Pulses (Beans, Lentils and Peas) Please
Legumes are plants which bear fruits that grow inside pods. Pulses are a type of legume where the pods and the seeds are edible;they are usually bought dried. Sometimes pulses (like dried chickpeas) need to be soaked for at least 12 hours before cooking - use lots of water for the soak (they about double in size) and maybe refresh some of the water half way through. A tin is usually the solution when dinner is required sooner. Using dried pulses always scared me (they look like things that should be spilling out of homemade musical shakers). But it can be nice to plan cooking more than 12 hours in advance and often they only need 30-40 minutes to cook and no soaking at all. Personally, I have found that after a good soak (if required), a wash and a long cook they are very soft and easy to eat. Just don’t cut short any stage or they may turn out crunchy and inedible.
Pulses are very healthy: they are a great source of vitamins and other nutrients and also come with a large quantity of protein and fibre.
There are so many types of pulses used all over the world in cooking. I will focus on three recipes and their wonderful use of pulses.
Indian Rajma - serve with rice and coriander, spicy pickle and yoghurt.
Kidney beans are so tasty in this rich and lightly spiced tomato sauce.
If using the recipe above, you can just dice the onions and tomatoes (and leave out the extra water) if you can’t be bothered to get the blender dirty, also if using tinned kidney beans then you just add them in stage 11 (when you add the cooked dry kidney beans - use the liquid in the tin too!).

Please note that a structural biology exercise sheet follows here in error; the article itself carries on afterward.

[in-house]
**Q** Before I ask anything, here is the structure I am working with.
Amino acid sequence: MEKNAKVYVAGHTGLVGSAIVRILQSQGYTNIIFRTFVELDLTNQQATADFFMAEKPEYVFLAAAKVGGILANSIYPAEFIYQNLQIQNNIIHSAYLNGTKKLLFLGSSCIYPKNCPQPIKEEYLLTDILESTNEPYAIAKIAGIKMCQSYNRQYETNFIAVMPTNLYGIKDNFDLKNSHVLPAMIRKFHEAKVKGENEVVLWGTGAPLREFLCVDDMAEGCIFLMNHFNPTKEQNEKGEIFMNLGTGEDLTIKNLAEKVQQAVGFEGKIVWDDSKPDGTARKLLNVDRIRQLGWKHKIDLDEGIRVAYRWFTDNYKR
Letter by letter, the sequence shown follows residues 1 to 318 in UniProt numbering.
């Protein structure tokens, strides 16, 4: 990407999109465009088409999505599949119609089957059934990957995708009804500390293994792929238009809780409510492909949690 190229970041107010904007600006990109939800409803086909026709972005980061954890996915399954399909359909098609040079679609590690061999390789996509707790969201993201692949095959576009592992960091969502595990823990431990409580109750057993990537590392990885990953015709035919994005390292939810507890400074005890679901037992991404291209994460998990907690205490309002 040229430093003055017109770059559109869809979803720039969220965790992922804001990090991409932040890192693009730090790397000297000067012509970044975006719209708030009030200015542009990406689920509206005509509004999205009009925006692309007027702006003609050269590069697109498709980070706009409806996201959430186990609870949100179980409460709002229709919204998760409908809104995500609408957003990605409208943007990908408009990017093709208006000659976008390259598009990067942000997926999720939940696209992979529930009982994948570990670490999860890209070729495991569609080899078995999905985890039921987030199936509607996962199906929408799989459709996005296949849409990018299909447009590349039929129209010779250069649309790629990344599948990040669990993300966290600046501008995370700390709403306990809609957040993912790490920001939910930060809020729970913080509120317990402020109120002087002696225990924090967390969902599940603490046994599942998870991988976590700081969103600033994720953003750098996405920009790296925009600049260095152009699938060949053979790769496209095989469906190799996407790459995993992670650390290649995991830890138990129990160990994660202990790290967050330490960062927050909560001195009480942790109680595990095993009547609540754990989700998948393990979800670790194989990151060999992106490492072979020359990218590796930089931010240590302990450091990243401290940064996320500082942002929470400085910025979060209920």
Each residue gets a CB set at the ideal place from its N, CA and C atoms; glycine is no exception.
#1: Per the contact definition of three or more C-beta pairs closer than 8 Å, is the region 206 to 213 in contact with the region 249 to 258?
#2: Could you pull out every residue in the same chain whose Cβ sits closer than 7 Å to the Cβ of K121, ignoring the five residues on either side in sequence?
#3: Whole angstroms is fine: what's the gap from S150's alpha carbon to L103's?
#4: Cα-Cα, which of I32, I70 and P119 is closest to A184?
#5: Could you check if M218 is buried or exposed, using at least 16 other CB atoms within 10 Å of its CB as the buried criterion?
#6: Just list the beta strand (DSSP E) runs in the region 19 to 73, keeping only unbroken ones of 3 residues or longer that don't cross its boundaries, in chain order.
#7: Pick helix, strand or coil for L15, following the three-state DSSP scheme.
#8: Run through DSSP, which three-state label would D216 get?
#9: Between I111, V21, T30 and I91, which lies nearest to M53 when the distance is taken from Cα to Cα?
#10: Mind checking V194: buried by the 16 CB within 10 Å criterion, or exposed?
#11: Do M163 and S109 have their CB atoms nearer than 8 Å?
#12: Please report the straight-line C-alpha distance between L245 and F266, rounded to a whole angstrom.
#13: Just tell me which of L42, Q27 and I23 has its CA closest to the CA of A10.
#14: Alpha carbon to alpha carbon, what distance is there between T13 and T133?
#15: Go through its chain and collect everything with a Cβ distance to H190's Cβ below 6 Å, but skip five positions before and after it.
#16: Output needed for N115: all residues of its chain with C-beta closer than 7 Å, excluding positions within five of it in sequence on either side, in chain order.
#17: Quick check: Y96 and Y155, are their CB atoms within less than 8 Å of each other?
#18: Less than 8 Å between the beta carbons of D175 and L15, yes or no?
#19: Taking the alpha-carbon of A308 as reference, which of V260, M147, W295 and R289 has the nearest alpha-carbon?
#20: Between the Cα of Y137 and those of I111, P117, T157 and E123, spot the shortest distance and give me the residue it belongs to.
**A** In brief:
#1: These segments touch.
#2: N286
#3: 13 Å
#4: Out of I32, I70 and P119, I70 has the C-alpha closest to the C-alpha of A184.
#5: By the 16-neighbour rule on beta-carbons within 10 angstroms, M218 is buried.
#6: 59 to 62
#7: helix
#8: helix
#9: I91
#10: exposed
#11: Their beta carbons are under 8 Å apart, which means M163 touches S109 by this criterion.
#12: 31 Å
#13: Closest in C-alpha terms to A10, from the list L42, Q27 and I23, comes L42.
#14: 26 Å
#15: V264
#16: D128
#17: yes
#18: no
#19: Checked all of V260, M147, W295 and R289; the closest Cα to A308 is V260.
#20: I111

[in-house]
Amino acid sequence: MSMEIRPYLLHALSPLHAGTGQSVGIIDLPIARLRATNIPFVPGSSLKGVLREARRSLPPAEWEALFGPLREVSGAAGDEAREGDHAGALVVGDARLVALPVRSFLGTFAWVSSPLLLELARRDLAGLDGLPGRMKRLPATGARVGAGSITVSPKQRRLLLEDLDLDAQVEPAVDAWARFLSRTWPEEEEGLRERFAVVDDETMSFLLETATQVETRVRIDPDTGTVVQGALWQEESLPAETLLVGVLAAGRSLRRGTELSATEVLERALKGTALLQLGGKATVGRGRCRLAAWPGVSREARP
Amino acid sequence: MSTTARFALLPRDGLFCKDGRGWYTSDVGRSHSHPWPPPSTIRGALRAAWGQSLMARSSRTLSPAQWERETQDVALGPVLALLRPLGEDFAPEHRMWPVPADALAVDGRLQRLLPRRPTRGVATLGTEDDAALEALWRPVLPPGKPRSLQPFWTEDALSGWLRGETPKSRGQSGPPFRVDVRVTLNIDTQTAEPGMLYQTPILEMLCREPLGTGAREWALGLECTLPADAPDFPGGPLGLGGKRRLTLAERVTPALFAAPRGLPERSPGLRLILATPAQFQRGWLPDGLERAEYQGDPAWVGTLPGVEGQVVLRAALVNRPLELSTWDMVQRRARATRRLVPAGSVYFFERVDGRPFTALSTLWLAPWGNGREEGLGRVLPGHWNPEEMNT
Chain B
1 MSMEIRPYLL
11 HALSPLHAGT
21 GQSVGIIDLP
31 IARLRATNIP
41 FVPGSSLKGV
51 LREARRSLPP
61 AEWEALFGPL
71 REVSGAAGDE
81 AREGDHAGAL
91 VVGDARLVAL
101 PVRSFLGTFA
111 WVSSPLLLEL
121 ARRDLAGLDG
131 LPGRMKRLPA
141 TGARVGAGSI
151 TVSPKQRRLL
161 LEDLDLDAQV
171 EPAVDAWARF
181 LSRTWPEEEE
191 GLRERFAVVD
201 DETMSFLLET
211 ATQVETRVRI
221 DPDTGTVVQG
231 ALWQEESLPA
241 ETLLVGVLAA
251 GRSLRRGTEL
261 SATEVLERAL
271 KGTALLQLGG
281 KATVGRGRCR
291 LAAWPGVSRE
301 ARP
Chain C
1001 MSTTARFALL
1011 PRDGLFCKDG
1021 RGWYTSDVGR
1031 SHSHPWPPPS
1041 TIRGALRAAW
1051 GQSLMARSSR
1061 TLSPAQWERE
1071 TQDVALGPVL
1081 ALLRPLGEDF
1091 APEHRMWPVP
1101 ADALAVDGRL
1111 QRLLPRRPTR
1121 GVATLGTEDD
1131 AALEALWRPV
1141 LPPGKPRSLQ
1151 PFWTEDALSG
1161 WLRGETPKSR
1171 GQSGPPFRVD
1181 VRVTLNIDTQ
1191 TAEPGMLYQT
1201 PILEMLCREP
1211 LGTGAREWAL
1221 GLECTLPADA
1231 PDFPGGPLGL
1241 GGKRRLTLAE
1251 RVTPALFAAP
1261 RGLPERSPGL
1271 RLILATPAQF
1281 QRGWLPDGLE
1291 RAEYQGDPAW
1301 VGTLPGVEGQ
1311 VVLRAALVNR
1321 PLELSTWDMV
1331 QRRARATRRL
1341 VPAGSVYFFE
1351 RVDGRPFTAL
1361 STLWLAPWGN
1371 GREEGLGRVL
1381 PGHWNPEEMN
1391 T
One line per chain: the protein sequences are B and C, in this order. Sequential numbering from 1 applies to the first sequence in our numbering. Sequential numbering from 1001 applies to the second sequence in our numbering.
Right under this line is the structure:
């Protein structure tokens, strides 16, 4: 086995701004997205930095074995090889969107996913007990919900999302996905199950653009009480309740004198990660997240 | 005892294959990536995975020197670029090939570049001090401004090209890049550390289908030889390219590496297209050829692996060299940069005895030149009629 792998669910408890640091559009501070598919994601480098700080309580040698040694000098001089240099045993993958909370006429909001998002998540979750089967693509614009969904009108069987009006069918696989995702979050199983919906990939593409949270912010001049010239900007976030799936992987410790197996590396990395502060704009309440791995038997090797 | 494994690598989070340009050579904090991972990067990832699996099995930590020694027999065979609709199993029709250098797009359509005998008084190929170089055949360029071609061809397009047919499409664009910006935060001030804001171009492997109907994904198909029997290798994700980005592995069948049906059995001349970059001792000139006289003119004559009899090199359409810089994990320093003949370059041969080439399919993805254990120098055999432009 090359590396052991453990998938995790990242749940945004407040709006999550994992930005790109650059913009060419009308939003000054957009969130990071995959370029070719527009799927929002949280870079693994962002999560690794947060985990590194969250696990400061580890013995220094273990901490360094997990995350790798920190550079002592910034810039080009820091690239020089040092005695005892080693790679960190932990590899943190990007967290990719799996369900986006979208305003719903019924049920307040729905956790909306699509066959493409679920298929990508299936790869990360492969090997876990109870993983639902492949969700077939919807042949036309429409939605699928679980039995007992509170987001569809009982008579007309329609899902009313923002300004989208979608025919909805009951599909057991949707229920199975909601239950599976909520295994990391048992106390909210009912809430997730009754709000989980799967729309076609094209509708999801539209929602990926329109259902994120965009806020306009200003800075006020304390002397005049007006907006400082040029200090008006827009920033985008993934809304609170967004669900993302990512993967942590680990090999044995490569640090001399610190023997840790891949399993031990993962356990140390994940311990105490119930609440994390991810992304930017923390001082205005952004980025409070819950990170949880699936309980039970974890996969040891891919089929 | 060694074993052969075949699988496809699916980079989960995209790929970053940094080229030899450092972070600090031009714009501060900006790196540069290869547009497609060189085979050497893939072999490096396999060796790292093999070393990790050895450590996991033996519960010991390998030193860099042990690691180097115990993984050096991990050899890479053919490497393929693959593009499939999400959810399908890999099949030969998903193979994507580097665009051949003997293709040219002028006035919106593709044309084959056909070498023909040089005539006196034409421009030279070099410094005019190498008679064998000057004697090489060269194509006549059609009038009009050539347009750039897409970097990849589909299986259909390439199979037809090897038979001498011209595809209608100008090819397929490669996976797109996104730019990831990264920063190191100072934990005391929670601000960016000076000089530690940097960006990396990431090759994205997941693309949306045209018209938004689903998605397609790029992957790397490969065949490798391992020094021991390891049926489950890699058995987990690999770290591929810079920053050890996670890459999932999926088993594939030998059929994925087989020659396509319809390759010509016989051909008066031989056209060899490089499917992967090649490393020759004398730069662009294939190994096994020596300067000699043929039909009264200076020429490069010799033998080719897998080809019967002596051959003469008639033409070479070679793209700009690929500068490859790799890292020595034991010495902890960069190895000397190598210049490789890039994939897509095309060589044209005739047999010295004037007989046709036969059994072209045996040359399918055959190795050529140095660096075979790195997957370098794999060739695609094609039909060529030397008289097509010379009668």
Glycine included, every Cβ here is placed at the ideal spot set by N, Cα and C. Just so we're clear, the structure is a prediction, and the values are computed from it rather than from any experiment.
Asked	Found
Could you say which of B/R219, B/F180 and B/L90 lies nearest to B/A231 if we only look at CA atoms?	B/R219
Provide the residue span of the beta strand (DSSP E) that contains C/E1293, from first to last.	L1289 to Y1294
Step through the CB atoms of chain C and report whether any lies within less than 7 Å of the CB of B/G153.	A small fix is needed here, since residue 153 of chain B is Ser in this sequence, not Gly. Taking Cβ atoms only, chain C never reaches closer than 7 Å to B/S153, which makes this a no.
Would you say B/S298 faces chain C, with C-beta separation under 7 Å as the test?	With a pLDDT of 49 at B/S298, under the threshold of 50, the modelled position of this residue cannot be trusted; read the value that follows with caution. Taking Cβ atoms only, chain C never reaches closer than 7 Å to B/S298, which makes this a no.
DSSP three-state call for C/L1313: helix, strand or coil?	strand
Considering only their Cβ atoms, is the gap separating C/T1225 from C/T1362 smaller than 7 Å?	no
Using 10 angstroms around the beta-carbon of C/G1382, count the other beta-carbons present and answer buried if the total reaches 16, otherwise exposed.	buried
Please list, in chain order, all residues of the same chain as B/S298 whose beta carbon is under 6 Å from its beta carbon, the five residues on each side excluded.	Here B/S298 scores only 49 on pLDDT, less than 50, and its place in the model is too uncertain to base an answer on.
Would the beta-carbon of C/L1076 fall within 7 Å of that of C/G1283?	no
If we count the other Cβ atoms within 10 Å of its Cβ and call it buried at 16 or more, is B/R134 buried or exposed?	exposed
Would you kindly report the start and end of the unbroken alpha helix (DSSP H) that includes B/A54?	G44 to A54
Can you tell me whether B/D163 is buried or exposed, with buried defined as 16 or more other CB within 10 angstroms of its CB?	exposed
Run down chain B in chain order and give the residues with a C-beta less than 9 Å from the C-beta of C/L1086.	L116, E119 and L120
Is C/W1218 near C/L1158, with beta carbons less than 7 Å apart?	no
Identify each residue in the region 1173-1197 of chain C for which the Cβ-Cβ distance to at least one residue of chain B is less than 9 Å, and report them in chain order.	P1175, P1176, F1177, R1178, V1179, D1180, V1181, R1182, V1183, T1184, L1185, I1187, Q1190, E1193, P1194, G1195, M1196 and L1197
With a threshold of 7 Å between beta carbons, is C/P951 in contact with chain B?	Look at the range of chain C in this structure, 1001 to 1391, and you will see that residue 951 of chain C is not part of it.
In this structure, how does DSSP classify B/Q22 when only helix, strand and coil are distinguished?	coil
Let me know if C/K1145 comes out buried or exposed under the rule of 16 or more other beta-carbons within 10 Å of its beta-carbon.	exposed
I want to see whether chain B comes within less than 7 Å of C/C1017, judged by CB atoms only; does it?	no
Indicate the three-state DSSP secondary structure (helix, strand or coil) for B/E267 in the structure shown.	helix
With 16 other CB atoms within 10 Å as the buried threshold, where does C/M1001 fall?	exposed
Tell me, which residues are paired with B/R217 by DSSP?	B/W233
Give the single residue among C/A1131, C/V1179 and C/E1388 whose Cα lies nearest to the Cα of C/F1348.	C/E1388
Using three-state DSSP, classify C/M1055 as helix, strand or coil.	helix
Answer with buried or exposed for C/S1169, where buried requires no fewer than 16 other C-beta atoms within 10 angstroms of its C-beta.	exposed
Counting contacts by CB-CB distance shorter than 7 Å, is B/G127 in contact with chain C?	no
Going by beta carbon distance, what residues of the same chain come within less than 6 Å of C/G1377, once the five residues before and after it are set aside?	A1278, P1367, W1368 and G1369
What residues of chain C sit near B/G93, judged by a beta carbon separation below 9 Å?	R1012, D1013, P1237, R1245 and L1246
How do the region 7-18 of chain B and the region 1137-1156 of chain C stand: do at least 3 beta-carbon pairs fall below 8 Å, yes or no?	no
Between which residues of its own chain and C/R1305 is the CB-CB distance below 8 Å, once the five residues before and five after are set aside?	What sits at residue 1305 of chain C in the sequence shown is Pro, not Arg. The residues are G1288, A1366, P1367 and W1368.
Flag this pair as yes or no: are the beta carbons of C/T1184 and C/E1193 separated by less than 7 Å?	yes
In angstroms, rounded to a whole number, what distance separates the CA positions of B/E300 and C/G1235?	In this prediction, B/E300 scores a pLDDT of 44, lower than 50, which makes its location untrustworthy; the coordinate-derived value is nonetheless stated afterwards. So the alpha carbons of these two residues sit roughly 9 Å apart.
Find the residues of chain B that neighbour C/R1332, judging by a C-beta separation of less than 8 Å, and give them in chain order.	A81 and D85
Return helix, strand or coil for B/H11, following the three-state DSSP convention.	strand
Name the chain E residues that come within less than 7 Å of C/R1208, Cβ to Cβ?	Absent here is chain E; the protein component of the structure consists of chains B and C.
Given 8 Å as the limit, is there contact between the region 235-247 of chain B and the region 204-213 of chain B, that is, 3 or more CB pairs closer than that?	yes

Latin American Black Beans
While I was staying in Guatemala I asked the lady of the house how her black beans always tasted so much better than mine. She replied: “Well I soaked them since yesterday afternoon and then today I started the fire outside at 6 o’clock and now the beans are ready”. For most of us living in London cooking outdoors on a fire for five hours is not a realistic possibility and so here is a recipe that can be done on the hob.
This recipe uses black beans which don’t require soaking. I find most dried black beans do require a soak so be sure to check the packet. If using tinned, just change the 2 ½ hour cook to about 20 minutes. The beans can be served fresh after the first cook but they often taste better reheated.
In Guatemala this is typically served with fried yellow plantain, eggs (as you like), a tomato sauce, fresh coriander and some double cream on the side. Really gives you strength for all the day.
Dosa with Sambar
This is a South Indian recipe, the Dosa is made from black gram lentils (available to buy as an easy ‘ready make’ powder) and the Sambar is made using pigeon peas and vegetables. Most Sambar recipes I can find online involve using a pressure cooker. However it is possible to cook Sambar without a pressure cooker and I know my friend has a good recipe for it so I have put it on the Weekly Recipes blog here.